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Draft 5th edition of Staying Healthy in early childhood education and care submission

Personal Details
Organisation Name: 
South Eastern Sydney Public Health Unit
C. Additional Information
Please identify the best term to describe the Organisation: 
Government Department - State
E. Submission
Submission methods: 
Online Submission (specific questions)
Online Submission (specific questions)
1. The 5th edition target education and care settings with children under 5 years of age. What additional considerations need to be given to make this resource applicable to education and care settings for older aged groups?: 

This is an important issue for discussion. 'Staying healthy' has a high profile among childcare service providers and is well respected by them, and extending it to the school age groups would be of great potential benefit.

Additional areas which would need to be covered include the vaccines receommended for older children and covered in school-based vaccination program (in some states) or available from GPs; also discussions of sexually transmissible infections and blood borne virus infections in the context of the onset of sexual activity and experimentation with injectable drugs.

2. Are there other resources that would be useful to accompany the 5th edition of Staying Healthy ? e.g. posters, fact sheets or on-line information. Please provide links or references.: 

on p. 59 in the section entitled Animals, there should be an additional paragraph concerning petting zoos.

Suggested wording: Services considering a visit from or to a petting zoo should ascertain that the zoo provides enough staff to closely supervise children and that there are facilities for easy access by visitors and staff to handwashing such as adequate supplies of handwashing rub or gel, or to hand basins. It may be worthhwile for services when planning a visit to a petting zoo to carry supplies of handwashing gel.

A number of state health departments have useful infomration on petting zoos, which might be referred to or adapted for 'Staying healthy', eg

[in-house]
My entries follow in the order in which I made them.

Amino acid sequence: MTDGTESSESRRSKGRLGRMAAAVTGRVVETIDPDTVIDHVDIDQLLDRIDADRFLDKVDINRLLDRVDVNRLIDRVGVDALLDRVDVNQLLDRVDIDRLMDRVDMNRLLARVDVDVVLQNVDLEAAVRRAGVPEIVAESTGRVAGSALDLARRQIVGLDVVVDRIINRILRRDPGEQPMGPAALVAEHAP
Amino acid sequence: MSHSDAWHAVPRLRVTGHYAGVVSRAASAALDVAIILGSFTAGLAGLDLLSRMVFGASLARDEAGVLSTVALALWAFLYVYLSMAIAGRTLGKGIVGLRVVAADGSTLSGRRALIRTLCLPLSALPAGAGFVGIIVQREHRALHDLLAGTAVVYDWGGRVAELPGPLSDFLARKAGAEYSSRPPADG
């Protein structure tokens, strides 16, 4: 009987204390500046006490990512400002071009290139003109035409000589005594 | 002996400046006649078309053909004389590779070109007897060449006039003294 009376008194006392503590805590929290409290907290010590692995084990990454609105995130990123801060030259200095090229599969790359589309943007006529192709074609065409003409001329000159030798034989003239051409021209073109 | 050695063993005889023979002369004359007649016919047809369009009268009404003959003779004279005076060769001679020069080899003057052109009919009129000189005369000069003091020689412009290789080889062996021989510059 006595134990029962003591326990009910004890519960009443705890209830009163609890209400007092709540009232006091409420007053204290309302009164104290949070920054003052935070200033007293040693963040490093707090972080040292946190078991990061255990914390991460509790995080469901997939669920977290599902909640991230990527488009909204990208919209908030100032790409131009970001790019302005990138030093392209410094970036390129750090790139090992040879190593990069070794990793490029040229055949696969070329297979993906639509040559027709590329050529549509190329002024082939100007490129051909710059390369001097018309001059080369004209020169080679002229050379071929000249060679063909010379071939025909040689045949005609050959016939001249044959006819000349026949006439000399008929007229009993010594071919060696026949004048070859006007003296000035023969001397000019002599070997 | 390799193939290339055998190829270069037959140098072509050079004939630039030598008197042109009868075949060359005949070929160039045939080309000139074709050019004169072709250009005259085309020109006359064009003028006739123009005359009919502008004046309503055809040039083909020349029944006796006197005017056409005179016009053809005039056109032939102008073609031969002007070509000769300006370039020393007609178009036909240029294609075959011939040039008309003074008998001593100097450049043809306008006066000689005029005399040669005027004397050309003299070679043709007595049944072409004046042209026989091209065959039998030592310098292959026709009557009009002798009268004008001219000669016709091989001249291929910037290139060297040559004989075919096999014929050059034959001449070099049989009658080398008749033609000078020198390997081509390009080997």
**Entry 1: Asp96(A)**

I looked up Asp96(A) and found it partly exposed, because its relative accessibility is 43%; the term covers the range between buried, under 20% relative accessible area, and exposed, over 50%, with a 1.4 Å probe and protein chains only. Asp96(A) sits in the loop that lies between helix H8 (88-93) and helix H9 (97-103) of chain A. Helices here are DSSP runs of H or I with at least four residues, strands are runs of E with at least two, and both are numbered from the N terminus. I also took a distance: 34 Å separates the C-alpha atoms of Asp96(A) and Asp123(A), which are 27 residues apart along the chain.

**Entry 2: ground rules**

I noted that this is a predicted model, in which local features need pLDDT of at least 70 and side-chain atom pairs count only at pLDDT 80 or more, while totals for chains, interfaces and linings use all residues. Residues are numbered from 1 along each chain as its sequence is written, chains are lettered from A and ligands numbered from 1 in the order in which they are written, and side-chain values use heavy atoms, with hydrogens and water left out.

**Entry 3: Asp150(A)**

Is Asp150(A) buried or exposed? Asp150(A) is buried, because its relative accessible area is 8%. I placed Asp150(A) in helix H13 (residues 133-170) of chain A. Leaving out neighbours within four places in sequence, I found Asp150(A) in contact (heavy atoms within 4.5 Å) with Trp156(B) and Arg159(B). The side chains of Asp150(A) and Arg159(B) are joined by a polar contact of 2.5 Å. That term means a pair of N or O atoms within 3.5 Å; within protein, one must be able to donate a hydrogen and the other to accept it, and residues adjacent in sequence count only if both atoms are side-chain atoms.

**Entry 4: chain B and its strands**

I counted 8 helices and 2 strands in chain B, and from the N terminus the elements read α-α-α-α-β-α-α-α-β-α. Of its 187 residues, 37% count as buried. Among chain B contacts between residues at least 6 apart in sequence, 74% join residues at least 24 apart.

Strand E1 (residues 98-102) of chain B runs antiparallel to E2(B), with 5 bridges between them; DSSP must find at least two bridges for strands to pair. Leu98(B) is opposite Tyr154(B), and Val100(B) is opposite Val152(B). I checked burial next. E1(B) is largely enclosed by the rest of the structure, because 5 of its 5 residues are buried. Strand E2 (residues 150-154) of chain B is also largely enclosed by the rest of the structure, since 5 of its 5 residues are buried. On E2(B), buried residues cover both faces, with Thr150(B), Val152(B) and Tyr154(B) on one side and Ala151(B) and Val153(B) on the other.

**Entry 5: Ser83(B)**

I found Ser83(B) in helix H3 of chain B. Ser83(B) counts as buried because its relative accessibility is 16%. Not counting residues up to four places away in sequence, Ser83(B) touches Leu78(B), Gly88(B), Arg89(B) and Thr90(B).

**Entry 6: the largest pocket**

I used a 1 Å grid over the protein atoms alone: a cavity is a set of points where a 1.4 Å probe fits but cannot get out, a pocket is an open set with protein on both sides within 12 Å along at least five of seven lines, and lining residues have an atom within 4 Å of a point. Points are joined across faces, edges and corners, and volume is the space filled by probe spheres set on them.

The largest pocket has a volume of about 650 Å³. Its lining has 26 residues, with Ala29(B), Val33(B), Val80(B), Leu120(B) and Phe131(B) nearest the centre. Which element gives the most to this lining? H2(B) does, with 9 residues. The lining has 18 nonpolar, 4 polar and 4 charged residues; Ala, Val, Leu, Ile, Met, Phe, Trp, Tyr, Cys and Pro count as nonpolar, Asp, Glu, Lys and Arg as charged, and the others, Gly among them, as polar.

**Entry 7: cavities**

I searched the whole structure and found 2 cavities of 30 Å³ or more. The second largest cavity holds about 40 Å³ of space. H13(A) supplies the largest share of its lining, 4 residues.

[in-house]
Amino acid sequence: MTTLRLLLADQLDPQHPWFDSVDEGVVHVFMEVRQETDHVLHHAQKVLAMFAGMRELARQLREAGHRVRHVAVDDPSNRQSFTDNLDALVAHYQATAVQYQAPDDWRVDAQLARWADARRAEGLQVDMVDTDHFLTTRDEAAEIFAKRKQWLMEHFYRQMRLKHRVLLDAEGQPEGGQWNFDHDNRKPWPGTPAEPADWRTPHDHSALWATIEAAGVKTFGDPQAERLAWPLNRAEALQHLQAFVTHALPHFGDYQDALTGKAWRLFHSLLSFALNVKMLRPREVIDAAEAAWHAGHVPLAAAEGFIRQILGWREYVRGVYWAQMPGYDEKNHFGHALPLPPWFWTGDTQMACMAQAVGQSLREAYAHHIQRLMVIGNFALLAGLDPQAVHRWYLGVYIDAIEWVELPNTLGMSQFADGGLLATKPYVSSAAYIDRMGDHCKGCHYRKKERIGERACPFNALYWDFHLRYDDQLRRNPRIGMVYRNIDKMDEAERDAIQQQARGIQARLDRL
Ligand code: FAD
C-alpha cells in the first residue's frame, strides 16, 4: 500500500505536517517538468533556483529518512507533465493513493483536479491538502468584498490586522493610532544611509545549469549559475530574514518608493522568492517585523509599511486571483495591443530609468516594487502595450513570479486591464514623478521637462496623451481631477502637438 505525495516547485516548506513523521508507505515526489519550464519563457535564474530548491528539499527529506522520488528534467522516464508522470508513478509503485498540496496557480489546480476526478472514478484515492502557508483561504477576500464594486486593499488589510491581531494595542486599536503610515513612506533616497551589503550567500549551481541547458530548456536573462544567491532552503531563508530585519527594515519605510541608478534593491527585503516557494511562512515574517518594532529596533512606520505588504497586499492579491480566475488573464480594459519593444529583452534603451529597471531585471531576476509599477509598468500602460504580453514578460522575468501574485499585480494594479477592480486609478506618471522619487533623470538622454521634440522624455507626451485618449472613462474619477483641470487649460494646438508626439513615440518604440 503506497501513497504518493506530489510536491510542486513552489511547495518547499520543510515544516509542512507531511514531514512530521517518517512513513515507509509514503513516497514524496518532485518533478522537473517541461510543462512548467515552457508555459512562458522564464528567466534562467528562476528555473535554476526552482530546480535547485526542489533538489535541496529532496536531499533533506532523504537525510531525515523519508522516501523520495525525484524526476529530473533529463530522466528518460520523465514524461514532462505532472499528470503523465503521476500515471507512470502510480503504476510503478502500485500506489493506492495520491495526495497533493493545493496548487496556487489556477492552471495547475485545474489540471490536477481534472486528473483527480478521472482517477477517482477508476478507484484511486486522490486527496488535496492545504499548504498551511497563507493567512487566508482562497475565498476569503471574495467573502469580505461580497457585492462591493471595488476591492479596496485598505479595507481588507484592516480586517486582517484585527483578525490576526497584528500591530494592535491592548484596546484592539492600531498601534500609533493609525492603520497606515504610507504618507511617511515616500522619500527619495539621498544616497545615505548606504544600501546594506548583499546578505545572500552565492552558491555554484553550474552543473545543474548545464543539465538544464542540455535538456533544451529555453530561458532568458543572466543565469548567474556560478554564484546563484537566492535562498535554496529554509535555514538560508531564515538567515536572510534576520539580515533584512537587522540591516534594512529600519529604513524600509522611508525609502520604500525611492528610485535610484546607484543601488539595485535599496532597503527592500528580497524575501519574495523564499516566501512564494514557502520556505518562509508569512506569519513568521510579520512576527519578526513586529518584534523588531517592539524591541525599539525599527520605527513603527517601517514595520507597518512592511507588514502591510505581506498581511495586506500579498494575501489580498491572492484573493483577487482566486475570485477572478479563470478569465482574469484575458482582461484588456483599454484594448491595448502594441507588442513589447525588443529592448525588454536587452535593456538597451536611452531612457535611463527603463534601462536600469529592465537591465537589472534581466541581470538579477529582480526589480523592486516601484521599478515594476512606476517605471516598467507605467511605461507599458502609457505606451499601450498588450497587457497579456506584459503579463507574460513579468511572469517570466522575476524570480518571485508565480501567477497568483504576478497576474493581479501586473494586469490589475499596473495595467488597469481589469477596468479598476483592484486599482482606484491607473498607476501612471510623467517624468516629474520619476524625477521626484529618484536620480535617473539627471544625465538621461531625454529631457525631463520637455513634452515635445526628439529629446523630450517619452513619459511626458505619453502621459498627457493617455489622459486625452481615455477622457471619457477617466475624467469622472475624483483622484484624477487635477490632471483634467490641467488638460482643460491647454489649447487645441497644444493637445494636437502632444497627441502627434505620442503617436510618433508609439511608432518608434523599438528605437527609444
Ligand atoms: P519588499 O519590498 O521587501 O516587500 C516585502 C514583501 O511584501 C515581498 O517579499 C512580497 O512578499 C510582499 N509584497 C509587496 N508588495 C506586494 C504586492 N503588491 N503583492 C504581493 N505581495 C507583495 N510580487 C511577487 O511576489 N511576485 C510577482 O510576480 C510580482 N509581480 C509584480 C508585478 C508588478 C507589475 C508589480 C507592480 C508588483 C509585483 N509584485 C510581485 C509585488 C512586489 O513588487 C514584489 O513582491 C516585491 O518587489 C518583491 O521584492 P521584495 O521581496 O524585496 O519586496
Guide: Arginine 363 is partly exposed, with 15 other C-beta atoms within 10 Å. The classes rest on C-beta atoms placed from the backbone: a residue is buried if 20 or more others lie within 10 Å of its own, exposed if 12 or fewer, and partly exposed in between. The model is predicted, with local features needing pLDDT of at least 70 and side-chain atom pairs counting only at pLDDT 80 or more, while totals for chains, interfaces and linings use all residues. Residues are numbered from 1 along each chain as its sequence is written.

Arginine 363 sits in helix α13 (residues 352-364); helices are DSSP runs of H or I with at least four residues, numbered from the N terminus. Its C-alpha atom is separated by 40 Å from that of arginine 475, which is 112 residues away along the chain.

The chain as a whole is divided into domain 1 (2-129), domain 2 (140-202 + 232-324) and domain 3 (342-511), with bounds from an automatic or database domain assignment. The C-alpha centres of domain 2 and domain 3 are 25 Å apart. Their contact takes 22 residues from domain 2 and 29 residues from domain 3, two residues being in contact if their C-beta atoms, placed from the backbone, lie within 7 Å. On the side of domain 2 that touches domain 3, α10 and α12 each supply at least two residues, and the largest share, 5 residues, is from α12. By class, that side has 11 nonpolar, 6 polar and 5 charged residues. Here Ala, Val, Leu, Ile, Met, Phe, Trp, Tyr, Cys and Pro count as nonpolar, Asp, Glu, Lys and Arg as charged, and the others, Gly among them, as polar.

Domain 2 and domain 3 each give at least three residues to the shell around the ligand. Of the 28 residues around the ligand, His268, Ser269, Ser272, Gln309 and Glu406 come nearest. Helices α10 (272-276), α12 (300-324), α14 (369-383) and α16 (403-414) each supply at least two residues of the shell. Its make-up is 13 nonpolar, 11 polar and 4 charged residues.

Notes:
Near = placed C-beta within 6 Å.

3. Please comment on the new format , are there aspects that can be improved?: 

The format is well planned and i believe the case studies/scenarios will be very sueful for workers/mamagers wishing to make concrete use of the document.

4. Are there topics that you would like more information/guidance on infection prevention and control? If yes, please specify.: 

Only Petting zoos, mentioned above.

General Comments

This will continiue to be a valuable document and resource for childcare providers.

As one of several authors of previous editions of 'Staying healthy' i feel it would be very appropriate for the Preface to include a statement acknowledging previous work, in a general way. Might i venture to suggest inclusion of an additional clause in the 3rd par of the Preface:

The advice in this document is drawn from established guidelines that are regularly updated using the principles of evidence-based medicine (including the Australian guidelines for the prevention and control of infection in healthcare), and it updates and builds on advice provided in previous editions of Staying health in Child Care 

p. 59, under Bat bites and scratches, modify the following sentence:

If you are scratched or bitten by a bat, immediately clean the wound with soap and running water for 5 minutes, and contact your doctor or local hospital emergency department as a matter of urgency. [prompt medical care is required, public health units can only provide general advice or will give advice to medical staff who see a person scrathed or bitten by a bat.]

In the section on staff immunisation on p. 64 ff, I understand you are not referencing scinetific papers, but i wish to draw attention to the fact that our paper on staff immunisation policy in child care has now been published: Spokes P, Ferson MJ, Ressler K-A. Staff immunisation: policy and practice in child care. J Paediatr Child Health 2011; 47: 530-4

The key messages of this paper are that roughly half of surveyed services in NSW had a written staff immunisation policy, and most importantly, that those centres that were aware of NHMRC recommendations were most likely to have a written policy and to promote staff immunisation. The key to having staff immunised was the active promotion of staff immunisation by the service - this does need further emphasis on p. 61

Page reviewed: 3 September, 2013